To get to that point — a point, Rosenberg emphasizes, that at the moment is a distant goal — the MediaBugs infrastructure will need to evolve beyond MediaBugs.org. “As long as we’re functioning as this website that people have to go to, that’s a limiting factor,” Rosenberg notes. “We definitely want to be more distributed out at the point where the content is.” For that, the project’s widget — check it out in action on Rosenberg’s Wordyard and on (fellow Knight grantee site) Spot.us — will be key. Rosenberg is in talks with some additional media outlets about integrating the widget into their sites (along the lines of, for example, of the Connecticut Register-Citizen’s incorporation of a fact-checking mechanism into its stories); but the discussions have been slow-going. “I’m still pretty confident that, sooner or later, we’ll start to see the MediaBugs widget planted on more of these sites,” Rosenberg says. “But it’s not anything that’s happening at any great speed.”

For now, though, Rosenberg will have his hands full with expanding the site’s scope — and with finding new ways to realize the old idea that, as he notes, “shining any kind of light on a subject creates its own kind of accountability.” And it’ll be fascinating to see what happens when that light shifts its gaze to the national media landscape. “That dynamic alone, I think, will help some of the publications whose sites are doing a less thorough job with this stuff to get their act together.”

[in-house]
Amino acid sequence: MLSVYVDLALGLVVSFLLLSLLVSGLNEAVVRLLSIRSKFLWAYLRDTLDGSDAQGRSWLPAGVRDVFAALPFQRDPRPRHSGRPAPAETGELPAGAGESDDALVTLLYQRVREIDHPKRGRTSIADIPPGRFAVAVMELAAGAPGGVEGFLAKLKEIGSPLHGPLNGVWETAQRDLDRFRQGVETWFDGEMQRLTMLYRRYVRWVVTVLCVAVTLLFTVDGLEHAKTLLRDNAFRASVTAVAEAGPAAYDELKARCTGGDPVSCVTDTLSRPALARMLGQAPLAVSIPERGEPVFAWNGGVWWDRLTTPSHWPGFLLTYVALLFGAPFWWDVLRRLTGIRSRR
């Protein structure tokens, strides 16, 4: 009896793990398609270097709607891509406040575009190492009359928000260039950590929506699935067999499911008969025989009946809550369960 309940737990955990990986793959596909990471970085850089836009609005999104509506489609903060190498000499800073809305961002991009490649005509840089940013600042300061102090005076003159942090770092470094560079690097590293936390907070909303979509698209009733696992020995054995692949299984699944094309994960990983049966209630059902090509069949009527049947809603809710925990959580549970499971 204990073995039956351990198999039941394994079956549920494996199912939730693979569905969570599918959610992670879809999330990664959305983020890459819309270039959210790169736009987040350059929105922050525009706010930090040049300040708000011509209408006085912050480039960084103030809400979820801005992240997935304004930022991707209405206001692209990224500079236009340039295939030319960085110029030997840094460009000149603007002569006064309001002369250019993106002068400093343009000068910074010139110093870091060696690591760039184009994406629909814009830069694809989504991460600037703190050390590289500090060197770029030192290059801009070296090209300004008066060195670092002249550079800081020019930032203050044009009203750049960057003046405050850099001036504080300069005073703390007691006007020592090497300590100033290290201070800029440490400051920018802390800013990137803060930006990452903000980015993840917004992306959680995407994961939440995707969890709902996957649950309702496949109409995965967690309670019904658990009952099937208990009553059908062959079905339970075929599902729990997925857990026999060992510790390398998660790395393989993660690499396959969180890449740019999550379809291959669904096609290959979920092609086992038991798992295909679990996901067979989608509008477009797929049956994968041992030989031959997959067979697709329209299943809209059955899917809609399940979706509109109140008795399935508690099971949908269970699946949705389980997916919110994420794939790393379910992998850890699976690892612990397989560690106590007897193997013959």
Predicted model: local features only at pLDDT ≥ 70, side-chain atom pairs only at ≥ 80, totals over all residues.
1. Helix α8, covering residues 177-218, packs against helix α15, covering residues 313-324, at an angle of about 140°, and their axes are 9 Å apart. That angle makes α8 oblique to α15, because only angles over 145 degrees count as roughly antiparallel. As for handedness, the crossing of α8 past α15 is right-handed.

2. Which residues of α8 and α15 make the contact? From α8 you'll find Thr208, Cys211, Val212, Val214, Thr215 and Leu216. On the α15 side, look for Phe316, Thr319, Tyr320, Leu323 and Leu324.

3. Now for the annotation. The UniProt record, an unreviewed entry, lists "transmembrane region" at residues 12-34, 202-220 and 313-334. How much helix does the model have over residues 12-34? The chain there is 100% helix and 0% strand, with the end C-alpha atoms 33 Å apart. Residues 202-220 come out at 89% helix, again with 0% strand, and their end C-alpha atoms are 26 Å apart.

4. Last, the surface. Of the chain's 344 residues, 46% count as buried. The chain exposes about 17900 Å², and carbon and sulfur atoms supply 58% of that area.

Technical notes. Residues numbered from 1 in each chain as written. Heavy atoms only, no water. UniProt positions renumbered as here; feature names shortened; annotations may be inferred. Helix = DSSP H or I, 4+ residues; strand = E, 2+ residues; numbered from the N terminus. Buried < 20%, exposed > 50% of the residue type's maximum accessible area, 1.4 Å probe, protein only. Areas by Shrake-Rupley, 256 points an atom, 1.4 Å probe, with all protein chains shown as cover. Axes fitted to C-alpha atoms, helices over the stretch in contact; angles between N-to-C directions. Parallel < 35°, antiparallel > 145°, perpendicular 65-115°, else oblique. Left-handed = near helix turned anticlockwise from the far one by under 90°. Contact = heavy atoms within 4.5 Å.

July 29 2010


Bloomberg Circles the Wagons on Misleading Gulf-Spill Poll

News organizations' default response to criticism is to circle the wagons.

"We stand by our story!" is a stirring thing to say, and sometimes it's even the right thing. But in the web world of 2010, where everyone has a public platform, ignoring critics can also squander a news outlet's credibility and alienate its audience.

The basic premise of MediaBugs -- which I laid out in this video -- is that news organizations can begin winning back the public trust they have lost by engaging civilly, in public, with people who criticize them about specific errors. Whoever is right in the end, and whether the newsroom decides to run a correction or not, the editors are better off explaining their thinking than slamming the door on dialogue.

Bloomberg's Poll Problem

For an example of precisely the wrong way of handling legitimate questions about coverage, consider the controversy over a recent Bloomberg opinion poll. Josh Nelson, who blogs at Enviroknow.com, first brought this to our attention. He'd pursued something of a one-man campaign criticizing how Bloomberg framed its reports on a recent poll question about oil-drilling bans in the wake of the Gulf spill. Calling it a one-man campaign is a bit unfair, however, because he was joined by some impressive company along the way.

Here is the issue Nelson raised: Bloomberg's headline for its July 14 story read "Americans in 73% Majority Oppose Deepwater Drilling Ban." Its lead read: "Most Americans oppose President Barack Obama's ban on deepwater oil drilling in response to BP's Gulf of Mexico spill..." Because Bloomberg is a wire service, the story ran in many outlets -- among them, the San Francisco Chronicle/SFGate.